Lindsay Atkins Eddie, son of army surgeon Dr W.C. Eddie, was an amateur astronomer in Grahamstown. He grew up in Grahamstown, joined the civil service of the Cape of Good Hope in April 1878 and by 1892 was clerk to judge Jones of the Eastern Districts Court. This court had earlier heard a libel case involving dean Williams of St. George's Cathedral, Grahamstown, versus W.B. Shaw (who had called the dean a liar), but the case was stopped as the jury could not agree. Churchwardens W.G. Atherstone* and Eddie were asked to analyse the judgment in the light of additional evidence not adduced at the trial. Their report was published in Grahamstown in 1884.
Over a period of some 20 years Eddie did military service. In 1876 he organised and commanded the Grahamstown Rifles during an invasion by the Xhosas and in 1885 was a lieutenant in command of the Bechuanaland expedition by Sir Charles Warren. By 1898 he held the rank of Major and was still living in Grahamstown, where he was one of the pall-bearers at the funeral of R.O.G. Drummond*. He remained clerk to judge Jones to 1901, when he retired on pension. However, on 1 March 1907 he was appointed as clerk to the Judge President of the Eastern Districts Court (J.G. Kotze) in Grahamstown, a post which he still held in 1910. He should not be confused with another Lindsay Eddie (Lindsay Edmond Ricards de Reverae Eddie), who was an assistant to the postmaster at Uitenhage (from 1898) and later at Barkley East (1905-1910).
Eddie was a Fellow of the Royal Astronomical Society and in 1880 described his observations of a comet in its Monthly Notices. He followed this up with a number of papers in the same journal during the next 20 years or more, for example: "Observations of Fabry's comet" (1886), "The southern comet; observations made at Graham's Town, Cape of Good Hope" (1888), "Observations of the transit of Mercury, 1894 November 10..." (1895), "Observations of Swift's comet, 1899..." (1899), and "Tempel's comet (1873 II-c, 1899)..." (1899). Though he observed a total of 21 comets over the years, he did not discover any himself. Three more papers by him appeared in Popular Astronomy during the same period, on the lunar eclipse of 11 March 1895 (1895), the spectrum of gamma-Argus (1896), and a curious meteor trail seen at Grahamstown on 22 October 1895 (1896). He also contributed a dozen or so items to the Journal of the British Astronomical Association, including notes on an auroral display (1894), a brilliant meteor (1894), colours and spectra of 100 southern stars (1894), and the conjunction of the moon with Venus (1903). In 1907 he made observations of Mars at the time of its opposition. Eddie crater on Mars was named in his honour.
His instruments included a 76 mm refractor by Newton of London, and a more powerful 240 mm reflector. The highlight of his observational career was probably the transit of Venus on 6 December 1882, which he observed from Fort Selwyn, near Grahamstown. He was assisted by J.S. Willcox, a jeweler and several times mayor of Grahamstown, who provided a chronometer with which to time the observations. The chronometer was corrected by means of a series of telegraphed time signals arranged by D. Gill* and W.H. Finlay* of the Royal Observatory in Cape Town. Only the first half of the transit could be observed before sunset.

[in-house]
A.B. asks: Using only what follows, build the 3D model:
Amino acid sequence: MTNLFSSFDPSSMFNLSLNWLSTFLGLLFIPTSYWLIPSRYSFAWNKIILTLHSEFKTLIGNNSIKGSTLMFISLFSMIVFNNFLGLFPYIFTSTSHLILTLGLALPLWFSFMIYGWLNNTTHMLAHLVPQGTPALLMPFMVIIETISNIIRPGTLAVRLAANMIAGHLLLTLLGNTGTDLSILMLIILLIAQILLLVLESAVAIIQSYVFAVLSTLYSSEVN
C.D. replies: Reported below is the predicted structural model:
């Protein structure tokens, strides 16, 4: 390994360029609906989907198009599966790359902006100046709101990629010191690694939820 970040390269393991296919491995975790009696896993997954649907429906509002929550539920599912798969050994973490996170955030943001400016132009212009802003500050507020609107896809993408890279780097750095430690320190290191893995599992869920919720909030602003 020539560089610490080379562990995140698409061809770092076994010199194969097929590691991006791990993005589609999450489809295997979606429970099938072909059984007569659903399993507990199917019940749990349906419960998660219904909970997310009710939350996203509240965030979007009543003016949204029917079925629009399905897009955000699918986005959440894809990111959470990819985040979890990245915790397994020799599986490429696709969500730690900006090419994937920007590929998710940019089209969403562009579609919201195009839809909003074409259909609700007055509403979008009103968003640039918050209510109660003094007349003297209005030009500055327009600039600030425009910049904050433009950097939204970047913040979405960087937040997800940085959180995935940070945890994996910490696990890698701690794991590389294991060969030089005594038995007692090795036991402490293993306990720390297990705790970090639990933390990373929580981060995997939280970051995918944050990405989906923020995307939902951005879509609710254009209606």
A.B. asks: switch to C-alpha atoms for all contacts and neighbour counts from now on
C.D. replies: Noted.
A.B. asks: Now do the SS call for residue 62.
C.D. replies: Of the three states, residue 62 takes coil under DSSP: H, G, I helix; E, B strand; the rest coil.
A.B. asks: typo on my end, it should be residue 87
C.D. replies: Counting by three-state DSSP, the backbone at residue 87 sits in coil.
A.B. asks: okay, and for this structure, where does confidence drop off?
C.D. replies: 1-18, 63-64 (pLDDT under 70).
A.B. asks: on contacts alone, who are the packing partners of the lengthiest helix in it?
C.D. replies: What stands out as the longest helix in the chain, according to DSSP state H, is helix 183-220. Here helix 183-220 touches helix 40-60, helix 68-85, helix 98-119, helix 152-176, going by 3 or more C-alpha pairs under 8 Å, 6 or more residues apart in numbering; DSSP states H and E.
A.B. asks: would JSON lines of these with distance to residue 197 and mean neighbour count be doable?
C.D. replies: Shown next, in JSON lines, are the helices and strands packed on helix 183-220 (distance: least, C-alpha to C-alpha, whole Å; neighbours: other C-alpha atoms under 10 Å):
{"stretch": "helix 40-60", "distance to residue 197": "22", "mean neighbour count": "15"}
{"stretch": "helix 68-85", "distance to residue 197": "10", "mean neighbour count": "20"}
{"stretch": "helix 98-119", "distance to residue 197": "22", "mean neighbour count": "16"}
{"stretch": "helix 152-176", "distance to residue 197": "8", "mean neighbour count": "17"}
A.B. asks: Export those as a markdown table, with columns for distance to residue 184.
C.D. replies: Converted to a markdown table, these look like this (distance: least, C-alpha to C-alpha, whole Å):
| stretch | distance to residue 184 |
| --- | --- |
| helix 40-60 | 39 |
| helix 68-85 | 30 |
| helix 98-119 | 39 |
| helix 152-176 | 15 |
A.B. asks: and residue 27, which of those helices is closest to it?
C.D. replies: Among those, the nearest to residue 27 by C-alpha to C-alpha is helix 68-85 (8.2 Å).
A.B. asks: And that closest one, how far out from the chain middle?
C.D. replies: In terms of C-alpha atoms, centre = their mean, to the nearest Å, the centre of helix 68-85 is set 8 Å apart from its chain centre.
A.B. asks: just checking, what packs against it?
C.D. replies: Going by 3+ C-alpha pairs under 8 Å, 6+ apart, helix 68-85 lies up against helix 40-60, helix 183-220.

Between 1881 and 1898 Eddie regularly published his observations, mainly of comets and eclipses, in the Grahamstown Journal. He described the appearance and position of an unnamed comet in May and June 1881, Fabry's comet in May 1886, an unnamed comet in January 1887; Swift's comet in April 1892, and Gale's comet in May 1894. When Fabry's comet (discovered in 1885) first became visible in the southern hemisphere some amateur astronomers in Port Elizabeth confused it with Barnard's comet and Eddie described the movements of the two bodies to set the record straight. And when the Cape Times referred disparagingly to the Royal Observatory in Cape Town as being poorly equipped to observe Gale's comet, he rushed to the defense by describing its excellent equipment (1 May 1894). His other observations included lunar eclipses in January and July 1888, March 1895, and July 1898; a partial eclipse of the sun in June 1889; and a storm with dark coloured rain in August 1888.
In August 1892 Eddie delivered a lecture on the opposition of Mars before the Eastern Province Literary and Scientific Society in Grahamstown, of which he was a member. He was also a foundation member of the South African Geological Association (1888-1890), which originated in Grahamstown. From 1883 to 1891 or longer he served on the management committee of the Albany Museum. He was interested also in meteorology and was skilled in the use of the microscope and camera.